Match Fixing: Uganda’s football crisis and the loss of young talent

On June 13th, the Federation of Uganda Football Association- FUFA banned 13 individuals, after successfully uncovering a South African-based match-fixing syndicate with the help of the Federation of International Football Associations- FIFA.

Among those banned were one player, Latif Kiyemba, formerly of Lugazi FC; two administrators, Kongola Ahmed, and Epieru Richard; and ten referees. They were handed provisional 90-day bans by FUFA on June 13.

The incident adds to the growing list of players banned by FUFA over the past three to four years due to match-fixing since the federation embarked on curbing the growing vice of match-fixing, a crackdown that has significantly impacted the careers of many young, whose football careers are ultimately jeopardized.

In May 2023, FUFA banned six players Waiswa Andrew and Kakooza Yaya Mahad, who played for former Uganda Premier League club Gaddafi FC, Lwesibawa Godfrey, who played for Kitara FC, Maganda Saleh, who played for Calvary FC, Oringa Franco, who played for Northern Gateway FC, and Mwima Abdallah, who played for Ndejje FC University. FIFA eventually extended their ban this month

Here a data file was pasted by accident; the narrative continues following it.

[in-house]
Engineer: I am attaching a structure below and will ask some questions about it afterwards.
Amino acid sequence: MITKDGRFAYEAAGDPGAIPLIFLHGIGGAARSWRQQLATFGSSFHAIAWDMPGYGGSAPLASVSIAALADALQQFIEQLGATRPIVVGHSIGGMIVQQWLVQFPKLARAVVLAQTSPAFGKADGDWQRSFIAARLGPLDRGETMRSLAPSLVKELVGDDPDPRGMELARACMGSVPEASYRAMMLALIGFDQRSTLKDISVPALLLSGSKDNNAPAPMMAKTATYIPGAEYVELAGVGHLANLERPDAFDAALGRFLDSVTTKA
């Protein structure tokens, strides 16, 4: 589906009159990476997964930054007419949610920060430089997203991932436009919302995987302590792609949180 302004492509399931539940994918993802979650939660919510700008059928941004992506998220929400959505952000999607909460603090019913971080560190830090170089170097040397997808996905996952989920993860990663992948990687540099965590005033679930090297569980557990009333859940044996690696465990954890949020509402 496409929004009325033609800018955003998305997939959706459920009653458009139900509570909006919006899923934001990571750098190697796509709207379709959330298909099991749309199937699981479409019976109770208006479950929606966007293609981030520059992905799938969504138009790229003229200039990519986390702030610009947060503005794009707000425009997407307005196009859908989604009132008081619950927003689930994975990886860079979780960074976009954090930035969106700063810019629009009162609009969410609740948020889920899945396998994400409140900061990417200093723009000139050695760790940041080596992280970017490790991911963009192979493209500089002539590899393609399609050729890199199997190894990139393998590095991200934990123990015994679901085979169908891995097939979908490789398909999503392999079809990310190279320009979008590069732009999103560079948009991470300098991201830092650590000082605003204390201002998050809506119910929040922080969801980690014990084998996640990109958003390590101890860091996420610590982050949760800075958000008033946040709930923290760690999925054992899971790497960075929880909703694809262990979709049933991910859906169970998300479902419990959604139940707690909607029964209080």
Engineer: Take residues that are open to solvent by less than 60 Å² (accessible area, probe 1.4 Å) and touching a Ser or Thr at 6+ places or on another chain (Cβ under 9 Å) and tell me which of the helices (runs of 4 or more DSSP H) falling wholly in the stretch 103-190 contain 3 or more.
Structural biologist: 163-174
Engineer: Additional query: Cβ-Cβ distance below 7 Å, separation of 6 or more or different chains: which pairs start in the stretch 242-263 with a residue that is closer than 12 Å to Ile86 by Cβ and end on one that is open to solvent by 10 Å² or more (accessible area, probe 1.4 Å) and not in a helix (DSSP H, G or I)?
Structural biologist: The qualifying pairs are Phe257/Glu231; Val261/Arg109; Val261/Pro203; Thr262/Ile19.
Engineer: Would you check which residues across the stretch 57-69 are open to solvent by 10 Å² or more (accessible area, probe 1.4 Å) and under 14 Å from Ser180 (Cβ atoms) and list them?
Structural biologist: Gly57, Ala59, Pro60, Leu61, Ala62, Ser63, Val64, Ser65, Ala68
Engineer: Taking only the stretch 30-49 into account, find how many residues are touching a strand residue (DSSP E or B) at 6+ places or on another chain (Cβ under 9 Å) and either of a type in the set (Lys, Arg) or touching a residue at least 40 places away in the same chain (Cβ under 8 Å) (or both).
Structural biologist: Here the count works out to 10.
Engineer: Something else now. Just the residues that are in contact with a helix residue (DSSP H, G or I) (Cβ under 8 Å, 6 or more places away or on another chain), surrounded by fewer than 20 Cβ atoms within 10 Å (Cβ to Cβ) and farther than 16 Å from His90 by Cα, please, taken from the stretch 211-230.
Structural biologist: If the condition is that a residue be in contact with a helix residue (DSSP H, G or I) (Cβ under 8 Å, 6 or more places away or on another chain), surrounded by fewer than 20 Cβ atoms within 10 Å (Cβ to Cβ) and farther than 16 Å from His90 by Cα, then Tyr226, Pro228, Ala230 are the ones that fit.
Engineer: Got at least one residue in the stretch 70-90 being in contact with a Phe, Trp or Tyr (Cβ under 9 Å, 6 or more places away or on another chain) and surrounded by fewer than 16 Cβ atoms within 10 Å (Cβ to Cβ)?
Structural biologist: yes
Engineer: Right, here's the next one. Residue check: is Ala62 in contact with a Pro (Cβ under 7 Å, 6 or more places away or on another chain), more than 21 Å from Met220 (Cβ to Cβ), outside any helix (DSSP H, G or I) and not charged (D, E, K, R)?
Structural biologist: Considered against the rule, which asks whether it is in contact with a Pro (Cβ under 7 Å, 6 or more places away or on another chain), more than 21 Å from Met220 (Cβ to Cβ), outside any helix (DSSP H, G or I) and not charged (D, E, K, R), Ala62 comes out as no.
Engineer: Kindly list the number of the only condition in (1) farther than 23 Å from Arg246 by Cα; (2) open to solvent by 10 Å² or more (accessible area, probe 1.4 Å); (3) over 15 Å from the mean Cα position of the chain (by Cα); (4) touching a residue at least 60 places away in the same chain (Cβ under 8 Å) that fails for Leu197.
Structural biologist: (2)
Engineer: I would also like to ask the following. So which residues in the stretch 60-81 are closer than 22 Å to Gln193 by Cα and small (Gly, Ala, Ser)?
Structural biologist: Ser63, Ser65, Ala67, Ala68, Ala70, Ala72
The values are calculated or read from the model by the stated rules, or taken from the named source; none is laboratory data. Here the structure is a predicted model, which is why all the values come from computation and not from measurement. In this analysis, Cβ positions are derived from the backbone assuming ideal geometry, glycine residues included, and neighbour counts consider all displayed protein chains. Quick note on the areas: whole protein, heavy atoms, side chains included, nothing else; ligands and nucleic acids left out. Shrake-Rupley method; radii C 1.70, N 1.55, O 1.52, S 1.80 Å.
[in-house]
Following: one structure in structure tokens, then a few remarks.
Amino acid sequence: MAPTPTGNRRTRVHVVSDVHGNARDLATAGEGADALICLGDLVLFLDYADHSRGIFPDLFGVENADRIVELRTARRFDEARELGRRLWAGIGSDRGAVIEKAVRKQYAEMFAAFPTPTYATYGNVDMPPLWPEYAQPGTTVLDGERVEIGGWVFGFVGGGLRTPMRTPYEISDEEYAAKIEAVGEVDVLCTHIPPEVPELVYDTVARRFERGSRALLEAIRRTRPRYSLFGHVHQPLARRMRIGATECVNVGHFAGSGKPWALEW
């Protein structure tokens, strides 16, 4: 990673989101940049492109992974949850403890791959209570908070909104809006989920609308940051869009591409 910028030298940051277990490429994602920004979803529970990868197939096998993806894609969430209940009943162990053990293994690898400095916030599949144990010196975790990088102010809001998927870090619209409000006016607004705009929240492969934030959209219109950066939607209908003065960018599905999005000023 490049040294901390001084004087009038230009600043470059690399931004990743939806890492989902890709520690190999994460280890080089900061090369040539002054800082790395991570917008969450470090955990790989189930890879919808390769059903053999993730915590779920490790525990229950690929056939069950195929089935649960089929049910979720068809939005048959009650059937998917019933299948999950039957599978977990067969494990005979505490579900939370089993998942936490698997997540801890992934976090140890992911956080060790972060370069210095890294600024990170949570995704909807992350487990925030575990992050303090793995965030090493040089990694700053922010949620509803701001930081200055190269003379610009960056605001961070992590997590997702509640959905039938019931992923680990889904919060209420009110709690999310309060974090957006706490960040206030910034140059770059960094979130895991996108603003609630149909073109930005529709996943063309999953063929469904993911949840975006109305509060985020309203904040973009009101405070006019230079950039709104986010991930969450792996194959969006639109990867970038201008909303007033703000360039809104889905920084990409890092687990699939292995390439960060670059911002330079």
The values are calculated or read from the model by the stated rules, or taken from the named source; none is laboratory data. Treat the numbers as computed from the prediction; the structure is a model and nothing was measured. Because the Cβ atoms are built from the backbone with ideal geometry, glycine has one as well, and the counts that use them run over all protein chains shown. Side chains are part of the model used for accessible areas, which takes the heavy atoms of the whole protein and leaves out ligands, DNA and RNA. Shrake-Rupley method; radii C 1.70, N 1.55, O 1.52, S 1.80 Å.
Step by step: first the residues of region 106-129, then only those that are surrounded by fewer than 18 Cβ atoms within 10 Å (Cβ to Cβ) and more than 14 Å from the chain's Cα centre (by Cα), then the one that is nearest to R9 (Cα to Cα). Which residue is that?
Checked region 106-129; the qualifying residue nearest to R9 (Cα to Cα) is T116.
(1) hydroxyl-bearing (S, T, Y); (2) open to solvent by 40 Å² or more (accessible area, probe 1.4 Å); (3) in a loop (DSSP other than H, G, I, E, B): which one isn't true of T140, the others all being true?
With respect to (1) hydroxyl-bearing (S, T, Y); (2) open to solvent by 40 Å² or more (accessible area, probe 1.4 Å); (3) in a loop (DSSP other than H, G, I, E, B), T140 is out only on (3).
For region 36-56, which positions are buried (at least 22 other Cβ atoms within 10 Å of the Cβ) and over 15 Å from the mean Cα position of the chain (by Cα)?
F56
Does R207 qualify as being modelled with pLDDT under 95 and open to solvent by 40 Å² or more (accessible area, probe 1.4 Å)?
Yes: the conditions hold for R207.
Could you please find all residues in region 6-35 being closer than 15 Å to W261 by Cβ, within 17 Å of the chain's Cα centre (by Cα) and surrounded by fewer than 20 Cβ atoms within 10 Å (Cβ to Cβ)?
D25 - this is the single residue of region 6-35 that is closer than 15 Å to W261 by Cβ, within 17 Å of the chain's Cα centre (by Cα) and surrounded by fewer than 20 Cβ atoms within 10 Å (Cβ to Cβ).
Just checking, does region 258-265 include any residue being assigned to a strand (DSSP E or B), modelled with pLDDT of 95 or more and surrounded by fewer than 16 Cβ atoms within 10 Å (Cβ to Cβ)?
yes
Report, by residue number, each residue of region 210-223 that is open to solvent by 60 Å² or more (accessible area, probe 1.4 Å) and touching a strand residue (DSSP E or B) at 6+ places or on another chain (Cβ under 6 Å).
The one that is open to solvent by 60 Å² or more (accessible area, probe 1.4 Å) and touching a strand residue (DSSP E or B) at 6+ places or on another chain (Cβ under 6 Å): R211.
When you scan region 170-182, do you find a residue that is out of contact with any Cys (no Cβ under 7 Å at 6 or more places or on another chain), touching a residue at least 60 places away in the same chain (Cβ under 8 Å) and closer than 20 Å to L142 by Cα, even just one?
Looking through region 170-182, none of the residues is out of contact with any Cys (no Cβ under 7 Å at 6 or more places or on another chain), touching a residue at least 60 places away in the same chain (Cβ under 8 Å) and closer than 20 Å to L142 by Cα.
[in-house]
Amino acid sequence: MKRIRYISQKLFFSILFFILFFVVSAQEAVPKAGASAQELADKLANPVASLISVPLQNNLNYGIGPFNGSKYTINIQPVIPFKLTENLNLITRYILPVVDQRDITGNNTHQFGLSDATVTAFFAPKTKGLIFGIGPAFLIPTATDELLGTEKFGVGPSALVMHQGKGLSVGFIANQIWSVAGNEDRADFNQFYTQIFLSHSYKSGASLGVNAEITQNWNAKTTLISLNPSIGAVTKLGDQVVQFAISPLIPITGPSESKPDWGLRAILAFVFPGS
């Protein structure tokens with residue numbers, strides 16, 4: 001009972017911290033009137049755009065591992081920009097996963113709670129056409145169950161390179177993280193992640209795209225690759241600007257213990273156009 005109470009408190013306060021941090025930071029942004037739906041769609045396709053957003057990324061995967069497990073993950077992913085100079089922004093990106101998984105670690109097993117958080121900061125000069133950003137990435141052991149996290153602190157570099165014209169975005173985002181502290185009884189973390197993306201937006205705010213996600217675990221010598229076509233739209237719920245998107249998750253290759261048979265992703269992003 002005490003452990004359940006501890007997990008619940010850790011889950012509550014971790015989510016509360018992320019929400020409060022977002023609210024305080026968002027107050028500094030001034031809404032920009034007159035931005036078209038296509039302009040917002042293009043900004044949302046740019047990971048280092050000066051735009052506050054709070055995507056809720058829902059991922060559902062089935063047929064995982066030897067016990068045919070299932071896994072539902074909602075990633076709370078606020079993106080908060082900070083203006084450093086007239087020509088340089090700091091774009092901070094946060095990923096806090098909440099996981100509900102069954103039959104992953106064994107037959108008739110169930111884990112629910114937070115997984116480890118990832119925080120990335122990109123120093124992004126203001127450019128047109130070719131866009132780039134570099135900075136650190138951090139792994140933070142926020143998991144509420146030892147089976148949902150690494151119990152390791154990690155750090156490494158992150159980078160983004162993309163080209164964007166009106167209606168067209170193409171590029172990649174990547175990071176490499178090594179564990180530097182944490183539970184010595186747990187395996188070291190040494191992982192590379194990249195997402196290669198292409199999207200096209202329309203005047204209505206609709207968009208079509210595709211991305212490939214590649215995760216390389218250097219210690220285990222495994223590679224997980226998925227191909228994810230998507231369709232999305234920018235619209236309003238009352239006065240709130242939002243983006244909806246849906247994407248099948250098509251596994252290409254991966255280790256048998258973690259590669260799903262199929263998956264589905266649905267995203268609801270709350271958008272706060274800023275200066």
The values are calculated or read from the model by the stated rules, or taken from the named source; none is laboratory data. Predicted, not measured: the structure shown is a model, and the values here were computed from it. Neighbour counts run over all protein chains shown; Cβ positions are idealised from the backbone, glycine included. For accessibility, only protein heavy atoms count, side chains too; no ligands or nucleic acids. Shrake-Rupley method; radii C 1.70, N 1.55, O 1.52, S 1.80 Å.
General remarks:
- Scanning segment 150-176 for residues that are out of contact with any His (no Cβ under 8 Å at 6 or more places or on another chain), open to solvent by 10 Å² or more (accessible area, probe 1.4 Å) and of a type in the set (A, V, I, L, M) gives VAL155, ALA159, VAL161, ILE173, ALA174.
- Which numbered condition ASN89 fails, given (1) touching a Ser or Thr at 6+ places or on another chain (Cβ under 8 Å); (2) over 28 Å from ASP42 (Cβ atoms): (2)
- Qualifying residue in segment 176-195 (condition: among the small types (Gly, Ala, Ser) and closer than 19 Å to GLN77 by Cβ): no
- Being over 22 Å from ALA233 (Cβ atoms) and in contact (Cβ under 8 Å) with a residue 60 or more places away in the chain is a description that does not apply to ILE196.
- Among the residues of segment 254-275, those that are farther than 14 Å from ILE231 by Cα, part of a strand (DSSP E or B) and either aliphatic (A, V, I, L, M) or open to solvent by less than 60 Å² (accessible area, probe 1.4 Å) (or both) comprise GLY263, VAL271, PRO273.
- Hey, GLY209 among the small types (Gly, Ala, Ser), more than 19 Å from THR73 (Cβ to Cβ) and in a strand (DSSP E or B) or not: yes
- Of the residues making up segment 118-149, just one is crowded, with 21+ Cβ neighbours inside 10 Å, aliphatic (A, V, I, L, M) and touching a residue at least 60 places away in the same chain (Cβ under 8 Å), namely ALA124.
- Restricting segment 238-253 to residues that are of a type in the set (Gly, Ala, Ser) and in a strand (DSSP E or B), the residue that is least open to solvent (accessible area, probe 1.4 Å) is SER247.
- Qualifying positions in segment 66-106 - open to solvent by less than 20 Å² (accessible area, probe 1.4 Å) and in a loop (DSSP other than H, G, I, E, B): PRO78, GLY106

Despite some players, like Lwesibawa, claiming innocence, FUFA’s investigations have often proven otherwise. Players are frequently targeted by match-fixers to manipulate games and place substantial bets.

Investigations noted that match-fixers often target lower-tier matches due to the absence of television cameras, making it easier to manipulate games and place substantial bets.

FUFA’s legal manager Denis Lukambi said that 99% of match-fixing is betting-related with match-fixers placing money either in local [Ugandan] betting houses or, more especially, out of the country, and using players and referees to execute what they placed their bets on. He cited an example where a referee awarded two fake penalties in the first half of a game, as directed by a match-fixer who had placed bets on those exact outcomes.

A source, who preferred anonymity said many players from lower-division players are vulnerable to match-fixing due to inadequate club support, therefore with the lure of large sums of money from fixers, players often succumb to these unethical deals.

In 2022 when FUFA banned two officials and a Kawoowo sports journalist over match-fixing, URN spoke to James Kaweesa, a local football coach who was implicated in the case. He confessed how one of his friends based in Sweden approached him when he wanted to manipulate a Uganda Cup game between Tooro United and Five Stars FC.

Kaweesa told URN that the only way he could his friend’s deal to go through is getting a player who was part of either of the teams to lead action on the playing pitch.

“I have a friend of mine who stays in Sweden, he called me and told me he wanted to bet a game between Totoro United and Five Stars, but he told me to look for any player from Five-stars Entebbe whom he could compromise,” – Kaweesa briefly explained.